It has become even more important for Israel to fight this rhetorical battle because, while it can always count on mindless support from Washington and from the most radically nationalistic and zealous Zionists around the world, the current escalation and ugliness is going to be very difficult to defend to even mainstream pro-Israel liberals, let alone the rest of the world. The hasbara (propaganda) has been flowing at a rapid pace, even more so than usual, as Israel struggles to maintain the treasured hold on the “moral high ground” that its own actions have increasingly undermined. Continue reading

Nationalist Extremism: The Real Threat to Israel

An edited version of this article appeared first at LobeLog.

They were dueling op-eds, one in the New York Times and the other in the Jewish communal magazine, Tablet. The question being

Nationalistic signs at Salute to Israel Day in New York, July 2006 Photo by Rabih/Public Domain

Nationalistic signs at Salute to Israel Day in New York, July 2006
Photo by Rabih/Public Domain

bandied between them was whether Israel is becoming a theocracy. Not surprisingly, both pieces missed the mark. It’s not theocracy but unbridled nationalism that is the threat in Israel.

The Times piece was authored by Abbas Milani, who heads the Iranian Studies program at Stanford University and Israel Waismel-Manor, a lecturer at Haifa University who is currently a visiting associate professor of Political Science at Stanford. Their thesis is that Iran and Israel are moving in opposite directions on a democratic-theocratic scale, and that they might at some point in the future pass each other. Milani and Waismel-Manor are certainly correct about the strengthening forces of secularism and democracy in Iran, along with a good dose of disillusionment and frustration with the revolutionary, Islamic government that Ayatollah Ruhollah Khomeini ushered in thirty-five years ago. But on Israel, they miss the mark by a pretty wide margin.

Waismel-Manor and MIlani posit that the thirty seats currently held in Israel’s Knesset by religious parties shows growing religious influence on Israeli policies. But, as Yair Rosenberg at Tablet correctly points out, not all the religious parties have the same attitude about separation of religion and the state. Where Rosenberg, unsurprisingly, goes way off course is his complete eliding of the fact that the threat is not Israel’s tilt toward religion, but it’s increasingly radical shift toward right-wing policies, which are often severely discriminatory and militant. Continue reading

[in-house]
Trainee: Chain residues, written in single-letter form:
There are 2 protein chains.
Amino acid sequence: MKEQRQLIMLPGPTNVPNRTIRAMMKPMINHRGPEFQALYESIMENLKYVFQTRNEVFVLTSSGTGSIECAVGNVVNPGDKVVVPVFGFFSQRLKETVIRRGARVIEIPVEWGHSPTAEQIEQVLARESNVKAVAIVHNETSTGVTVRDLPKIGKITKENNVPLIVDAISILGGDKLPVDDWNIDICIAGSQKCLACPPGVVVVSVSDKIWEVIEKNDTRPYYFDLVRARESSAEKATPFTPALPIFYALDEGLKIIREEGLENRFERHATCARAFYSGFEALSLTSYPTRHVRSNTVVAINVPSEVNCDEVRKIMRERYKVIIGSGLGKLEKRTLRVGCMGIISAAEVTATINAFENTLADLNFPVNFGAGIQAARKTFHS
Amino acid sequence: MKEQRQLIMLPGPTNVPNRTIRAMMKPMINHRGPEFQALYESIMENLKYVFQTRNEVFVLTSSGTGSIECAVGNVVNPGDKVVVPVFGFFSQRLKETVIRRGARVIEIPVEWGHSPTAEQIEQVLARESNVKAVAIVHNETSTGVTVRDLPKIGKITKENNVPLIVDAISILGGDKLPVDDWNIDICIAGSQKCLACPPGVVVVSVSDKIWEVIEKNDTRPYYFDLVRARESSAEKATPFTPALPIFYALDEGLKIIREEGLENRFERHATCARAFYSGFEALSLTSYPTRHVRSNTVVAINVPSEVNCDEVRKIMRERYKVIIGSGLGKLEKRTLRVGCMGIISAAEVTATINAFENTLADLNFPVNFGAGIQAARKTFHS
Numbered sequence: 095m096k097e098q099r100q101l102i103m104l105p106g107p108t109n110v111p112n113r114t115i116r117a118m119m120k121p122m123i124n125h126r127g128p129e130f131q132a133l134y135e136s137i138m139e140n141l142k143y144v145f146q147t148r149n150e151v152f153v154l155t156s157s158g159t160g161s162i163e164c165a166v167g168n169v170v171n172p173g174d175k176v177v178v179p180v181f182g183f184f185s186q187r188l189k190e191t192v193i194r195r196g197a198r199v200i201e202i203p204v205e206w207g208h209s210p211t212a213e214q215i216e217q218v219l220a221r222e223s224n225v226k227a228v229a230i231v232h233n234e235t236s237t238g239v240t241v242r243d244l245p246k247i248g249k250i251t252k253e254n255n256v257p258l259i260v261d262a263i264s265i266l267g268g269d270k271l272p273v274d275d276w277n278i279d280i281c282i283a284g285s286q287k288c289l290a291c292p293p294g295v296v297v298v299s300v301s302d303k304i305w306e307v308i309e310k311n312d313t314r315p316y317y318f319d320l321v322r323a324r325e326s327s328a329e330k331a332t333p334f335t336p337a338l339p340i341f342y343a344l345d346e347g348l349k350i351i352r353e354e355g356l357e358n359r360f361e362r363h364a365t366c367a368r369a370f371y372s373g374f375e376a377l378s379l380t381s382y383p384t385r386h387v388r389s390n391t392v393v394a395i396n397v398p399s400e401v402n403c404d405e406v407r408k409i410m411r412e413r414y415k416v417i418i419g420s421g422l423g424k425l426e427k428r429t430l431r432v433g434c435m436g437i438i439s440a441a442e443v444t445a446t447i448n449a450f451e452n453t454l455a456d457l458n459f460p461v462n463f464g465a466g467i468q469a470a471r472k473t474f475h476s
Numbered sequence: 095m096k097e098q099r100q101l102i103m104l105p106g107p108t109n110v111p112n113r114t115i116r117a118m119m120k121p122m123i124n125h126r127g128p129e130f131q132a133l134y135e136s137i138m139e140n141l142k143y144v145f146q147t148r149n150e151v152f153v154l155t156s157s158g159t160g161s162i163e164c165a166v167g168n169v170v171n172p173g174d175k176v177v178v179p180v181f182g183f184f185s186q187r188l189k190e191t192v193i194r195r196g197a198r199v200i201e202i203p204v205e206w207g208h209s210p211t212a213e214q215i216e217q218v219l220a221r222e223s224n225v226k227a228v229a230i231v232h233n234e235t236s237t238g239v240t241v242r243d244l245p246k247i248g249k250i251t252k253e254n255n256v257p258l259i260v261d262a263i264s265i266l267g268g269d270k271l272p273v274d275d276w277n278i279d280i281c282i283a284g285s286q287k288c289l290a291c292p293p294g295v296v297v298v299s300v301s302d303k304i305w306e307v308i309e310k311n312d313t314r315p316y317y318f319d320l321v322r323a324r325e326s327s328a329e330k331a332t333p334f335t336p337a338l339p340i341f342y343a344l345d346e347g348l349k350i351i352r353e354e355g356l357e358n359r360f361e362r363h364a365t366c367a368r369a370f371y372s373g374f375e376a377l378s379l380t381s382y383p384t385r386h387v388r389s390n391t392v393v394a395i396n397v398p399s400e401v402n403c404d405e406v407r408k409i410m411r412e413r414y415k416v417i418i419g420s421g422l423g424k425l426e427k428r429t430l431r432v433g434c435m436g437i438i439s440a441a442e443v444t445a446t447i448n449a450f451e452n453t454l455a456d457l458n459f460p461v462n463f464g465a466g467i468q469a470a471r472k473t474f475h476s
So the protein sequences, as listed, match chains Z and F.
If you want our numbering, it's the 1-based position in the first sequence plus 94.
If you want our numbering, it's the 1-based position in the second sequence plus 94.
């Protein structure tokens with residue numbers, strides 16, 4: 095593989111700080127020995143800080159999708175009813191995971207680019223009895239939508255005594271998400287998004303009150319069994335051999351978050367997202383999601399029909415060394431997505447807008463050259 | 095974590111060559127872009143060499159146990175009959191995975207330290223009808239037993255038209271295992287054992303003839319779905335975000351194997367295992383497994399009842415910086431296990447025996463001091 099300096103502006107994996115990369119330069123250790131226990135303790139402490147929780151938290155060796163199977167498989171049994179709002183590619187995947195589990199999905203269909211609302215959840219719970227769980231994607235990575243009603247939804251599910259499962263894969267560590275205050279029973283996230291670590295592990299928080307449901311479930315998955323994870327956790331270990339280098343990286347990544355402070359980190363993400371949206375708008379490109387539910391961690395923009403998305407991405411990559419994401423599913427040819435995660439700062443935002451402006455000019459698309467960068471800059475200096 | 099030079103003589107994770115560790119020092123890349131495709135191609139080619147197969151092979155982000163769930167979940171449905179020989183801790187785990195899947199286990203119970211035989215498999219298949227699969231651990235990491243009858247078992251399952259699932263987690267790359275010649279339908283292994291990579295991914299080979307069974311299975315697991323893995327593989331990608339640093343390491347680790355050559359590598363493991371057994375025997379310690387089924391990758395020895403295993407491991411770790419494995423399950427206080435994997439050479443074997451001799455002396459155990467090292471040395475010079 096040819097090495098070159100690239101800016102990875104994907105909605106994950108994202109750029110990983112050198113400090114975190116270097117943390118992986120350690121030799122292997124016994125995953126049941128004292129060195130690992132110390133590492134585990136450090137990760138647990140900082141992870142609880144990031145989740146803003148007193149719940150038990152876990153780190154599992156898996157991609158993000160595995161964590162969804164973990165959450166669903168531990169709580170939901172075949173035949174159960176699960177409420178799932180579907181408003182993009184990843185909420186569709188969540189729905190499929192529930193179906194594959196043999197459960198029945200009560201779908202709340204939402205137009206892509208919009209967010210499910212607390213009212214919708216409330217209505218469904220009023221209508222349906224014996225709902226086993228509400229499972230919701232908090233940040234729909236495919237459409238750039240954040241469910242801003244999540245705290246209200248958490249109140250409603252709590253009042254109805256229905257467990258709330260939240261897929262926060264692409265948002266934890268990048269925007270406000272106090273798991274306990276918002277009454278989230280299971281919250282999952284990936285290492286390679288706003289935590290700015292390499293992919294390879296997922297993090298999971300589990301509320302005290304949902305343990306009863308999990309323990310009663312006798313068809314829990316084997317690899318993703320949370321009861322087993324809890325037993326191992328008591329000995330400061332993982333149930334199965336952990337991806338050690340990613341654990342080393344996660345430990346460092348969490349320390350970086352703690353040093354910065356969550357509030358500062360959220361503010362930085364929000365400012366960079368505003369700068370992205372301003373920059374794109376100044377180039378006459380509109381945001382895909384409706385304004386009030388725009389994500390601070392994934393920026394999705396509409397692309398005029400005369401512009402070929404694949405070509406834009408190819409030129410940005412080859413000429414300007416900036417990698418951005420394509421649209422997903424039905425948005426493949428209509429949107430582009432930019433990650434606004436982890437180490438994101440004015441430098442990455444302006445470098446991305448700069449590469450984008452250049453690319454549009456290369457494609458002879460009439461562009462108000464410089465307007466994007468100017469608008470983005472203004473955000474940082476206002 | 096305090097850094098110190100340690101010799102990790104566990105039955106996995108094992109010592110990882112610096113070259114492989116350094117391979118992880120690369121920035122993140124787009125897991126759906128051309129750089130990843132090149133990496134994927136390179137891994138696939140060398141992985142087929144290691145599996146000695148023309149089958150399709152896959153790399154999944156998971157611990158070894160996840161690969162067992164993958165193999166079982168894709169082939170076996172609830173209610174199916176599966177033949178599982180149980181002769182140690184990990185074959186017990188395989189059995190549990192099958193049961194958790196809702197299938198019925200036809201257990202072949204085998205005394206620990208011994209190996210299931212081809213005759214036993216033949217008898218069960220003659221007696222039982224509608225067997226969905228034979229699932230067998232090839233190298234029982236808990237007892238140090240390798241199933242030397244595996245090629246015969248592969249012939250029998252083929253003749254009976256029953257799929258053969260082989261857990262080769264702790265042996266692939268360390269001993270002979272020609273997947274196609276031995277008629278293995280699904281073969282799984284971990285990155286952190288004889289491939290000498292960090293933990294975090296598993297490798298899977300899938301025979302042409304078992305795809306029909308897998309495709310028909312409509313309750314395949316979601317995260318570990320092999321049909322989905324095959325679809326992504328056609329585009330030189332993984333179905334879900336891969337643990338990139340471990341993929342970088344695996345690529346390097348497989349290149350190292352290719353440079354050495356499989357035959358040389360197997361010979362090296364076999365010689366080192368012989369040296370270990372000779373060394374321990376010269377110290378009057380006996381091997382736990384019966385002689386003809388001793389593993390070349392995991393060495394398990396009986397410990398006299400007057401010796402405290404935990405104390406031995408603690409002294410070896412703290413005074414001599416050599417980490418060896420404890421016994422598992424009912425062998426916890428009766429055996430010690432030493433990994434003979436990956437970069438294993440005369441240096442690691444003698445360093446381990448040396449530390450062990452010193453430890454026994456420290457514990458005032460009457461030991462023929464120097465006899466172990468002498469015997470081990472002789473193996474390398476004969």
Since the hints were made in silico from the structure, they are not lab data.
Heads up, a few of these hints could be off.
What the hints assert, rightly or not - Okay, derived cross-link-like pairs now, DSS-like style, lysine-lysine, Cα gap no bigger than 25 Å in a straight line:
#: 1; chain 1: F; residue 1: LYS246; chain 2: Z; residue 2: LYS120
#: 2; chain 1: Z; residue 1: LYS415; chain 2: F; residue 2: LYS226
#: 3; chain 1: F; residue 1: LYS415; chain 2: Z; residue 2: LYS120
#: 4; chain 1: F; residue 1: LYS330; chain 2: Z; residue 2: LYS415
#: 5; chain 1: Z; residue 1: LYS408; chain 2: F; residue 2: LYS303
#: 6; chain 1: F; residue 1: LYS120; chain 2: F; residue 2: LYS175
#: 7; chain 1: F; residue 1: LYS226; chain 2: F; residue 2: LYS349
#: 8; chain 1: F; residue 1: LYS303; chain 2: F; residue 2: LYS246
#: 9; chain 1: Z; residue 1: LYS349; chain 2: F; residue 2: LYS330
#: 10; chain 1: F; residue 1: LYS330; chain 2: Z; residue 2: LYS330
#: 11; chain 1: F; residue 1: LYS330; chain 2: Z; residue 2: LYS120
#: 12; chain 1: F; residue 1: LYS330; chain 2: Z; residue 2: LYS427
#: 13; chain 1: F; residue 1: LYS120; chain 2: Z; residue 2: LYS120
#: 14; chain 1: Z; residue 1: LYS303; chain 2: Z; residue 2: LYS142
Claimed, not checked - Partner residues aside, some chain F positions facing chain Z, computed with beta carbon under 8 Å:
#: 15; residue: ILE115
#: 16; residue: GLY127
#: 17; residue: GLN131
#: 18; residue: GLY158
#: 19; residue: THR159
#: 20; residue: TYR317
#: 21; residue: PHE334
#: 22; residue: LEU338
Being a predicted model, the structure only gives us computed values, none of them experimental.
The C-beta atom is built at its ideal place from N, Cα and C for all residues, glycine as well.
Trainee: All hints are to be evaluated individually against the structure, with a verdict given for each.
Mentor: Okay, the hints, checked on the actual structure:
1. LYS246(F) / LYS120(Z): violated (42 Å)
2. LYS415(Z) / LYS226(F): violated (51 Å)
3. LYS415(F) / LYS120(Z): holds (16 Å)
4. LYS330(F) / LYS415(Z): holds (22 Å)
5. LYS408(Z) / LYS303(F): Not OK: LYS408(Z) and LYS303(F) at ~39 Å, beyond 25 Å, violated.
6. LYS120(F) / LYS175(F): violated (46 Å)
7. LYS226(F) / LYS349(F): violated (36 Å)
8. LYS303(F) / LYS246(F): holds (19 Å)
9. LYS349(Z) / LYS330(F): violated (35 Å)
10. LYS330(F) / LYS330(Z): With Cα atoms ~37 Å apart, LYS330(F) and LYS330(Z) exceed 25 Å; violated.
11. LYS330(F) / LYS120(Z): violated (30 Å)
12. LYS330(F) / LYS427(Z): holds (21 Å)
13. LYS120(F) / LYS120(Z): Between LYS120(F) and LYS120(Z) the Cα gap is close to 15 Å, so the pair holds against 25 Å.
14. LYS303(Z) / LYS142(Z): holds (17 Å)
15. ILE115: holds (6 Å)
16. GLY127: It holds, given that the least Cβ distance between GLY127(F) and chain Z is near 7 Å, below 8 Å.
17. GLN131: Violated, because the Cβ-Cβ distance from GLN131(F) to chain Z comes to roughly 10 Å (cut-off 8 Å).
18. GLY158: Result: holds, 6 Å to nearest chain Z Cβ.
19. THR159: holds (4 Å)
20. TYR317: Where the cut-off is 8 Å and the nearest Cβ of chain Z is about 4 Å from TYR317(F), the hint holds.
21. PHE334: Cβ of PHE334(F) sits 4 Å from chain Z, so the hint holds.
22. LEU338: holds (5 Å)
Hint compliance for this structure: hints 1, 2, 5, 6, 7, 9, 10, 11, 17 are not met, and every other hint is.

New Israel-Palestine Talks: Is Peace Really Possible?

This piece originally appeared at LobeLog.

John Kerry meeting with Mahmoud Abbas in Ramallah, July 19, 2013 (from State Department photos)

John Kerry meeting with Mahmoud Abbas in Ramallah, July 19, 2013 (from State Department photos)

I’m always pleased when something surprises me in the realm of Israeli-Palestinian diplomacy. It doesn’t happen often. Today’s announcement that Secretary of State John Kerry has apparently succeeded at bringing Israel and the Palestinian Authority back to the table was one such surprise.

The announcement should not be overstated, of course. At this writing, there is a proviso out there that a few details still need to be worked out. So, there’s a convenient back door that both parties can exit through.

Even if the talks did resume, there is no reason to believe they will succeed. As Stephen Waltdetails, Israel’s governing coalition remains hostile to a two-state solution, the Palestinians remain divided and, despite whatever pushes and prods Kerry used to achieve this outcome, the US remains politically paralyzed and feckless. Coming up with a positive scenario that is even marginally realistic is therefore not easy. But here is one shot at it. Continue reading

Lamenting the Temple

The annual Jewish day of lamentation, Tisha B’Av is upon us again. What does that mean for present-day Israeli reality? I explore in Souciant today.